-Give patient urea tablet labelled with carbon 13 wait 30 mins and test exhaled breath for isotope. H.pylori uses urease enzyme and will break down urea


How is PUD treated?

-Lose weight, stop smoking and avoid ethanol, avoid hot drinks and spicy foods, stop NSAIDs, OTC antactids
-H.pylori eradication with PAC (PPI, amoxicillin and clarythromycin)
-PPIs or H2As if needed


What is rheumatoid arthritis? Who does it most commonly affect? Which joints does it most commonly affect?

-Chronic autoimmune-linked, systemic inflammatory disease characterised by a symmetrical deforning peripheral polyarthritis
-MCP and PIPs


How does rheumatoid arthritis differ from osteoarthritis?

-Rheumatoid is auto immine linked
-RA affects MCPs and PIPs vs OA affecting PIPs and DIPs
-RA is worse on a morning and gets better with exercise, OA gets worse throughout the day
-OA affects the hyaline cartilage, RA affects the synovium
-RA affects multiple joints, OA often only one large joint


How is RA treated pharmacologically?

-DMARDs such as methotrexate/sulphasalazine
-Biologicals such as Infliximab (anti-TNF)
-Steroids for exacerbations eg prednisolone
-NSAIDs for symptom relief


Give some side effects of methotrexate

-Lung fibrosis


Give some side effects of anti-TNFs

-Increased infection


Which antibodies are found in RA?

-Rheumatoid factor
-Anti CCP


Describe the xray changes on osteoarthritis

-LOSS -> loss of joint space, osteophytes, subarticular sclerosis, subchondral cysts


Describe the xray changes of RA

-Soft tissue swelling, loss of joint space, erosion of bone or sublaxations


Give some risk factors for DVT/PE

-Long haul flights


What are the signs of a DVT?

-Red, swollen tender leg
-Mild Fever
-Pitting oedema


Give some differentials of a DVT

-Ruptured bakers cyst
-Necrotising fasciitis
-Compartment syndrome


What blood test should be done if you suspect a DVT/PE? How does this help the diagnosis?

-D Dimer
-Not specific, if positive can also be raised in other situations such as infection and malignancy, if negative and low clinical probablity it rules out PE and DVT


What is the treatment for DVT?

-LMWH and warfain


Where do PEs usually arise from?



How does PE commonly present?

-Dyspnoea, pleuritic pain, haemoptysis, syncope, tachycardia, cyanosis, RHF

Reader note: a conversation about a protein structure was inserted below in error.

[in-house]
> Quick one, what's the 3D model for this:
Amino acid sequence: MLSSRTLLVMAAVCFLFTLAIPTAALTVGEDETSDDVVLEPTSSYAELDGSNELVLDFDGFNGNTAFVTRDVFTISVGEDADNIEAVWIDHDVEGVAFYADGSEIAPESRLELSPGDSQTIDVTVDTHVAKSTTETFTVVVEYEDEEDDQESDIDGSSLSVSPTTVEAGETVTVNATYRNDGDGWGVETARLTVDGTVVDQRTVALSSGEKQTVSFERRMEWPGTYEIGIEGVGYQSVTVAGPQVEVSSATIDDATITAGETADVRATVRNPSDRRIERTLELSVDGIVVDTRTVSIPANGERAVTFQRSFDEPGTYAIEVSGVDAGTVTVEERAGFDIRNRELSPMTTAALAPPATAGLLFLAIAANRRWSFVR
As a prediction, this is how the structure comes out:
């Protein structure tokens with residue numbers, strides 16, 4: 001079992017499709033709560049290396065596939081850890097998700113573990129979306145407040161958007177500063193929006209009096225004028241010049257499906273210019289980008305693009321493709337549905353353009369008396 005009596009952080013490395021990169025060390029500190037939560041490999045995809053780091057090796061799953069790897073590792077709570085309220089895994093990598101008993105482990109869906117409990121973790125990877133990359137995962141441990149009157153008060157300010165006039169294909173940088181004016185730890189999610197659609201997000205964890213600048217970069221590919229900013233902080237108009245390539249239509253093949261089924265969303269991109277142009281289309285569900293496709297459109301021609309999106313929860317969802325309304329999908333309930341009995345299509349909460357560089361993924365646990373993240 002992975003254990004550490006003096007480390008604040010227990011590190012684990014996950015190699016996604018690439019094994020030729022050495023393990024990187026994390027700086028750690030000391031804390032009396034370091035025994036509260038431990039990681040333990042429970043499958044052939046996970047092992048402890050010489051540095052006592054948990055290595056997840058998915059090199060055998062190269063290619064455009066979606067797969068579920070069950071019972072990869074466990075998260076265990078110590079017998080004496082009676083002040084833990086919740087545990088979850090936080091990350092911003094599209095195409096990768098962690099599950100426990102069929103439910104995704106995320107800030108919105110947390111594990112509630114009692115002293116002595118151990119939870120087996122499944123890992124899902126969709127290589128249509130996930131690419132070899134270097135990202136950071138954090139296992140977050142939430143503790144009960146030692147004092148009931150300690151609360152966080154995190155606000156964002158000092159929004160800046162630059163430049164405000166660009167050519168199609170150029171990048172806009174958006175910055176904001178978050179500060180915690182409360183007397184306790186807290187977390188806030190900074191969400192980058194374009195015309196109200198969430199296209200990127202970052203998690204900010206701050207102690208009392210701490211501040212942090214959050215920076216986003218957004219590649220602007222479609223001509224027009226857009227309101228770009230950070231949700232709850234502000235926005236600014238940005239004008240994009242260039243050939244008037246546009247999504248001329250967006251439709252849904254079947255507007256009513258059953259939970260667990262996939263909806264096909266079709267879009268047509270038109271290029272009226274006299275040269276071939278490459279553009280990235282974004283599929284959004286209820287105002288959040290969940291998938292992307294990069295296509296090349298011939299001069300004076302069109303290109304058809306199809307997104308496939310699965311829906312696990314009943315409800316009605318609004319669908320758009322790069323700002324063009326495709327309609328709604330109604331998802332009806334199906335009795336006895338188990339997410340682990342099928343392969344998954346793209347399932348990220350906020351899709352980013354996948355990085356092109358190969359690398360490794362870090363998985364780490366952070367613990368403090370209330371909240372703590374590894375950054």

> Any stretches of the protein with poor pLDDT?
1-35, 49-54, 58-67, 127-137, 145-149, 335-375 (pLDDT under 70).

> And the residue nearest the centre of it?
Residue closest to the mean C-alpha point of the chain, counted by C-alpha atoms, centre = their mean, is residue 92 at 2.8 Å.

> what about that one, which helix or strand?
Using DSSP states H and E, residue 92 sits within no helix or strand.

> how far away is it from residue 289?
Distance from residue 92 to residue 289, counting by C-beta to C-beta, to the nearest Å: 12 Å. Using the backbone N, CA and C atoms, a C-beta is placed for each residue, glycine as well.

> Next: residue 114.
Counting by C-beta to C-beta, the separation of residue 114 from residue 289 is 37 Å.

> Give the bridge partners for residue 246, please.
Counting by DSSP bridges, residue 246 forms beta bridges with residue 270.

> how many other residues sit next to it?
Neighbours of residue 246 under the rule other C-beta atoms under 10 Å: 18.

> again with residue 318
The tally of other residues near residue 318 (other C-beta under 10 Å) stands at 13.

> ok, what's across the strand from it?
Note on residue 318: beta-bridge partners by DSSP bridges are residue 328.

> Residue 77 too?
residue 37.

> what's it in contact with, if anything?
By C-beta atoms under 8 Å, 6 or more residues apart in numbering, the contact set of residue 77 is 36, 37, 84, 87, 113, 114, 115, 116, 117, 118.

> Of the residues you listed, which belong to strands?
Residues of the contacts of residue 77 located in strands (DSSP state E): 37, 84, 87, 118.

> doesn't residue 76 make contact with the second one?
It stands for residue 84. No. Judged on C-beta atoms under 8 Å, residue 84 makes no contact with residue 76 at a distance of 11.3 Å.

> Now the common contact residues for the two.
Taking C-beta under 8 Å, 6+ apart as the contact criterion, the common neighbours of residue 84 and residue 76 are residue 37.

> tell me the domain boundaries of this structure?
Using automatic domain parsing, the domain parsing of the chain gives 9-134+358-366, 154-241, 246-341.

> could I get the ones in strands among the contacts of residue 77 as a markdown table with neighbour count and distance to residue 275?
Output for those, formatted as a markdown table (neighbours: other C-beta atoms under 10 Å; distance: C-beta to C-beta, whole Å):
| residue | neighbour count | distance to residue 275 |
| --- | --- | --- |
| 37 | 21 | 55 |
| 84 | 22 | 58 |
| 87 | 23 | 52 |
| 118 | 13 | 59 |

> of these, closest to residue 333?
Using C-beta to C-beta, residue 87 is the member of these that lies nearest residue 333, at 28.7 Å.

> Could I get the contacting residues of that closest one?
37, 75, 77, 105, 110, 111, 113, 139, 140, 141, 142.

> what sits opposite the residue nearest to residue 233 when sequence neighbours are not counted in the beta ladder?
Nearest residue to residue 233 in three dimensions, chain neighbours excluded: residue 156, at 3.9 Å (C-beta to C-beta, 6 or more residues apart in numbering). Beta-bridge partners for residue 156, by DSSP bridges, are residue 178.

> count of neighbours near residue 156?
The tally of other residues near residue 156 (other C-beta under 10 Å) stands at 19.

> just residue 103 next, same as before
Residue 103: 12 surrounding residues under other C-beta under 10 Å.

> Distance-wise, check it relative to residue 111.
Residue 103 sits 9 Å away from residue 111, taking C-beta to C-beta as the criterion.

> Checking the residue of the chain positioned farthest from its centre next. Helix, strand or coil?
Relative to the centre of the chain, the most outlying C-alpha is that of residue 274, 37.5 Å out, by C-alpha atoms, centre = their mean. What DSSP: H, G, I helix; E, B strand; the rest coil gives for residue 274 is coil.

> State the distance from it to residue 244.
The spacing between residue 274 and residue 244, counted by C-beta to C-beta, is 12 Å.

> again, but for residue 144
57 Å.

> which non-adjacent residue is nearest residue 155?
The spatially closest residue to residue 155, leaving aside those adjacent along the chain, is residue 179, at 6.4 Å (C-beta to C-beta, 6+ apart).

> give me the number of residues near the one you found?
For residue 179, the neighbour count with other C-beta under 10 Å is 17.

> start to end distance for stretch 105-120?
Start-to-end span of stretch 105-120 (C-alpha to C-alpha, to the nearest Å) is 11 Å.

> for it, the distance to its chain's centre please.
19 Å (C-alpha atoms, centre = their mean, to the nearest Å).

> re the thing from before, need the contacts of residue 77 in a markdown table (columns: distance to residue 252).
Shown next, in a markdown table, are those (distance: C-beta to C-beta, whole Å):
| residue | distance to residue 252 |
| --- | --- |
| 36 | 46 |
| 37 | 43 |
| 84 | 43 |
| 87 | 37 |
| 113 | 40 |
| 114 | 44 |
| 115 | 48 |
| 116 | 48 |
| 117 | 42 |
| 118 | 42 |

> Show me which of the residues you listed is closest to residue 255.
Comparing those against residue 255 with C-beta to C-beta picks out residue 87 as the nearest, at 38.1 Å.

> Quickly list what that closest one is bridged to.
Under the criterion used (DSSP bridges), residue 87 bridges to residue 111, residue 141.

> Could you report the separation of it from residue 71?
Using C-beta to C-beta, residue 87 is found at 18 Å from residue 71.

Give some differential diagnoses of PE

-MI, pneumothorax, angina,


When is thrombolysis considered in PE?

-If it is very large


Give the signs and symptoms of hyperthyroidism

-Heat intolerance/sweats
-Weight loss with increased appetite


What is the most common cause of hyperthrypidism? Explain what happens

-Graves disease
-Autoimmune, anti-TSH receptor antibody causes stimulation of receptor leading to excessive production of T4/T3


Describe and explain the TFT results in thyrotoxicosis

-Low TSH due to negative feedback on hypothalamus and pituitary by circulating T3/T4
-High T3/T4 production independant of HP axis


Apart from graves, give 2 causes of thyrotoxicosis

-Too much thyroxine
-Toxic multinodular goitre


How is thyrotoxicosis treated?

-Treat initial symptoms with b-blocker


What are two possible adverse outcomes of thyroidectomy?

-Recurrent laryngeal nerve palsy causing horse voice


Give some signs and symptoms of hypothyroidism

-Cold intolerance
-Decreased appetite and increased weight
-Dry hair and skin
-Puffy face


What are the most common causes of hypothyroidism?

-Atrophic Thyroiditis -> lymphocytic infiltration of the thyroid
-Hashimotos -> Anti-TPO antibody
-Iodine deficiency


Describe and explain the TFT results in hypothyroidism

-High TSH -> negative feedback from low circulating levels of T3/T4
-Low T3/T4 -> problem with thyroid in producing the hormones


How is hypothyroidism treated?



What is vasovagal syncope? What causes it? Describe the onset, duration and recoveru

-Reflex bradycardia with or without peripheral vasodilation causing cerebral hypoperfusion = syncope
-Provoked by emotion, fear, pain or standing for too long
-Onset is over seconds rather than instantaneous and is often preceded by nausea, pallor, sweating and vision disturbance and it cannot occur laying down
-Duration is approx 2 mins and clonic jerks can occur
-Recovery is rapid


Give some differentials for vasovagal syncope

-Postural hypotension
-Situation syncope = on coughing, micturition
-Carotid-sinus syncope


What are some key questions which need to ask in syncope history?

-Any witnesses?
-Onset -> prodrome, auras, duration,
-Duration -> limb jerking, incontinence, tongue biting, stiffness, associated symptoms, length
-After -> amnesia, muscle ache, lethargy, confused
-Previous? frequency? precipitants? family history


Give 2 cardiac causes of clubbing

-Cyanotic congenital heart disease
-Infective endocarditis


give some pulmonary causes of clubbing

-Lung cancer
-Interstitial lung disease


Give some GI causes of clubbing

-Liver disease


What are janeway lesions and oslar nodes

-signs of infective endocarditis
-Janeway lesions are reddened flat nodules on the palms and soles which are painless and caused by necrosis of the dermis
-Osler nodes are painful raised lesions caused by immune complex deposition


What causes the 3rd heart sound? What pathology causes it?

-Rapid filling of the ventricles
-Mitral regurg, VSD, post MI


What causes the 4th heart sound? In what pathologies is it heard?

-Atria contracting against a stiff ventricle
-Heart failure, hypertrophy of ventricle, aortic stenosis, Hypertrophic cardiomyopathy


What are cannon A waves?

-A wave on JVP curve occur in arrythmias result in the contraction of the atria and ventrices simultaneously which forces blood against a closed tricuspid valve causing a large pressure increase in the jugular vein